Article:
Donald Trump Trump cast a mail-in ballot in the March 17 Florida presidential primary, yet he keeps pushing to abolish the practice, calling it "a terrible thing.”
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Despite Trump’s dire warnings of fraud, vote by mail keeps gaining public support in Florida, especially among Hispanics.

As the November general elections near, President Trump continues to wage a relentless war against vote by mail via Twitter, calling it “corrupt” and “ripe for fraud” in bold letters, even after his own party, the Florida GOP, has spent tens of millions of dollars in recent elections promoting the practice, according to Politico.

“You get thousands and thousands of people sitting in somebody’s living room, signing ballots all over the place. No. I think that mail-in voting is a terrible thing. I think if you vote, you should go,” Trump said during an April coronavirus briefing in the White House, despite casting a mail-in ballot himself in the March 17 Florida presidential primary because, at the time, he was away from his Palm Beach home.

RELATED: I’m a Republican. Everyone — Including My Party — Should Embrace Voting By Mail.

Mail-in Ballots Gaining Popularity

But despite Trump’s dire warnings, voting by mail keeps gaining public support in Florida, his adopted state, particularly among the Hispanics who make up more than 26 percent of the swing state’s population.

According to a May survey commissioned by the nonprofit organizations, SOMOS and the progressive advocacy group MoveOn, when asked if they thought Congress should include funding for states to provide vote-by-mail ballots or absentee voting for those who do not want to vote in person, 84% of Florida Hispanics polled said it should be included.

In fact, of the three million people that voted in last March’s presidential primary in Florida, 1.4 million, or nearly 47 percent, voted by mail, according to the survey. That surpassed the number of mail ballots cast in the 2016 presidential primary by 16 percent.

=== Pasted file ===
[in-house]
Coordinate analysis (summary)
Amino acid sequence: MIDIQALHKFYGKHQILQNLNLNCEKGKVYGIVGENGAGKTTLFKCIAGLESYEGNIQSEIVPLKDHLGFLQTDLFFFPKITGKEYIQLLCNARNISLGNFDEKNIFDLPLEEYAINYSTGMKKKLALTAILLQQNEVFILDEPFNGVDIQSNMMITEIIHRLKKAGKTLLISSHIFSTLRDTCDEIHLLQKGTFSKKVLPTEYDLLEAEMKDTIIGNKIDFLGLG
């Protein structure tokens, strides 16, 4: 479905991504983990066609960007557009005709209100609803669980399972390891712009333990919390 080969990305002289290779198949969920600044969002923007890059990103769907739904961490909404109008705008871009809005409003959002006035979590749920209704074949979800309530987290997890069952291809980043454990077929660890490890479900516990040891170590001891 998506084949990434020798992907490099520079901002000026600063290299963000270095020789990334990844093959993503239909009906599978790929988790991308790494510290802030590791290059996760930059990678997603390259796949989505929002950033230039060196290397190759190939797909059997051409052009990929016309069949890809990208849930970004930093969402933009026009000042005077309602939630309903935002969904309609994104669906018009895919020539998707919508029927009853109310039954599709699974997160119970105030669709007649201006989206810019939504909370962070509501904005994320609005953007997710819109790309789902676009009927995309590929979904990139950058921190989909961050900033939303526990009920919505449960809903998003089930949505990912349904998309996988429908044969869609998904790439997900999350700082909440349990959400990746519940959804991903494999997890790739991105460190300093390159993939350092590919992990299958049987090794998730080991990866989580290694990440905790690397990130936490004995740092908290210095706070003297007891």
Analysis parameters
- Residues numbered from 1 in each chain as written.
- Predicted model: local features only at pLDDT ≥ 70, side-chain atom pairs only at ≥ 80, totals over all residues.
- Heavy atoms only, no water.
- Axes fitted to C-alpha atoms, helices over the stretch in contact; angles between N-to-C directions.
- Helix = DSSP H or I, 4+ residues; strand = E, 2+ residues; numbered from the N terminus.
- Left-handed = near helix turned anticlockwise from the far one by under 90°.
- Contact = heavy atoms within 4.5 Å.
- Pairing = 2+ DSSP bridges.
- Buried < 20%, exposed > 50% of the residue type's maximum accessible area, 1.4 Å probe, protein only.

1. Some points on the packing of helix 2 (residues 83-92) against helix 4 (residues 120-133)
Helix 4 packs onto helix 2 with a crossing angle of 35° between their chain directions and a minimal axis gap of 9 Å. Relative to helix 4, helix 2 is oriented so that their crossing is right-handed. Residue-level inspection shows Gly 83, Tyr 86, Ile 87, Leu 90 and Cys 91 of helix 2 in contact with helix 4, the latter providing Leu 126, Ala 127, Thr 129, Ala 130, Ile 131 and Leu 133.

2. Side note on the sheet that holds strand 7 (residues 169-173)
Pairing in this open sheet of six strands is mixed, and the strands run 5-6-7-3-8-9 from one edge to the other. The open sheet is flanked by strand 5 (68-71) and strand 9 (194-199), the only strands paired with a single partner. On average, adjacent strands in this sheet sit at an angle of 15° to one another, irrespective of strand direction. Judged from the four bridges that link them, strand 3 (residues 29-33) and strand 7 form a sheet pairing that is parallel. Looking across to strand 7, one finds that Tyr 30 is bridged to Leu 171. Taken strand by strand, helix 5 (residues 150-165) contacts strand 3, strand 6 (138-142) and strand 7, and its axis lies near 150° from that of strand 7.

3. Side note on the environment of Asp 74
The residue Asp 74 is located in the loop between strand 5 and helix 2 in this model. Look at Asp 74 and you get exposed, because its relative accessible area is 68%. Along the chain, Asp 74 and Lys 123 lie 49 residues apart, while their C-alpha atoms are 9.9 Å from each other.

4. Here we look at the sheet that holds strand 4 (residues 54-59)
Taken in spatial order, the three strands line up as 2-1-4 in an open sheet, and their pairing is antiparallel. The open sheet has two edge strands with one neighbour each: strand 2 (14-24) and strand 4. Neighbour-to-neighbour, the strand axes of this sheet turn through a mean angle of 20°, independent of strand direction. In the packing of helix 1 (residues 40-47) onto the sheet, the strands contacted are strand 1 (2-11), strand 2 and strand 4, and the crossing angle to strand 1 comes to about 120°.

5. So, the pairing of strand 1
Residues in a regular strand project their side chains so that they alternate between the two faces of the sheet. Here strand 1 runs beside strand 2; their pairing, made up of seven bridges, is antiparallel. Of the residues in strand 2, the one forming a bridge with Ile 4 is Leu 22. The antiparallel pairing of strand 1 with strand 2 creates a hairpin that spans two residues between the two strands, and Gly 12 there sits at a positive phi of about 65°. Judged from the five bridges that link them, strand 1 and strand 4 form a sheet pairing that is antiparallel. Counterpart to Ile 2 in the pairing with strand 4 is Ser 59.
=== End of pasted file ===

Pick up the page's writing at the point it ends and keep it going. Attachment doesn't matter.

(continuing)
Yet, Trump and his Republican allies in Congress continue to do everything in their power to prevent people from casting their vote by mail.

On May 16 the Democratic-led House passed the HEROES Act, which contains security measures designed to make voting easier and safer. But Senate Republicans are refusing to take up a vote for the bill, with many saying they’ll vote against it.

For his part, the president has threatened to pull federal funding from Michigan and Nevada for their plans to make voting by mail more accessible to everyone. 

The Battles in Florida

Fueled by Trump’s rhetoric and Gov. Ron DeSantis’ unwavering support for the president, the battle lines have been drawn in Florida, a state that Trump won by a narrow margin in 2016

On May 18 the Republican National Committee, the Republican Party of Florida, and the National Republican Congressional Committee requested permission from a federal judge to intervene in a lawsuit brought against Republican Gov. Ron DeSantis and state and local election officials.

The case, just one of several legal battles over voting and voting rights underway in Florida, was filed by a group of Florida voters and Priorities USA seeking to throw out state ballot-return deadlines, as well as laws that limit who collects vote-by-mail ballots and returns them to local election offices.

Echoing the president’s hyperbole, Republican Party of Florida Chairman Joe Gruters called the lawsuit “an attempt to steal as many votes as possible in President Trump’s home state.”

Yet after more than a yearlong investigation into alleged vote-by-mail fraud perpetrated by the Florida Democratic Party at the end of the 2018 election cycle, state law-enforcement officials found “no evidence of fraudulent intent.”

Trump Shows His Cards

On April 8, after an appearance on Fox channel’s Fox & Friends, the president took to his favorite mode of communication with the American people to tweet: “Republicans should fight very hard when it comes to statewide mail-in voting. Democrats are clamoring for it. Tremendous potential for voter fraud, and for whatever reason,” the president said, “doesn’t work out well for Republicans.”

RELATED: 58% of Americans Support Voting By Mail. But Republicans Are Fighting the Idea.

According to Maria Teresa Kumar from Voto Latino, an organization whose primary aim is to encourage young Hispanic and Latino voters to register to vote and become more politically involved, “it’s hard to imagine why one political party would be so adamantly opposed to voters engaging in their constitutional duty, but Trump has said it himself: he believes vote-by-mail ‘doesn’t work out well for Republicans.’

Voting restrictions created under the pretext of preventing voter fraud mostly affect people of color and the poor.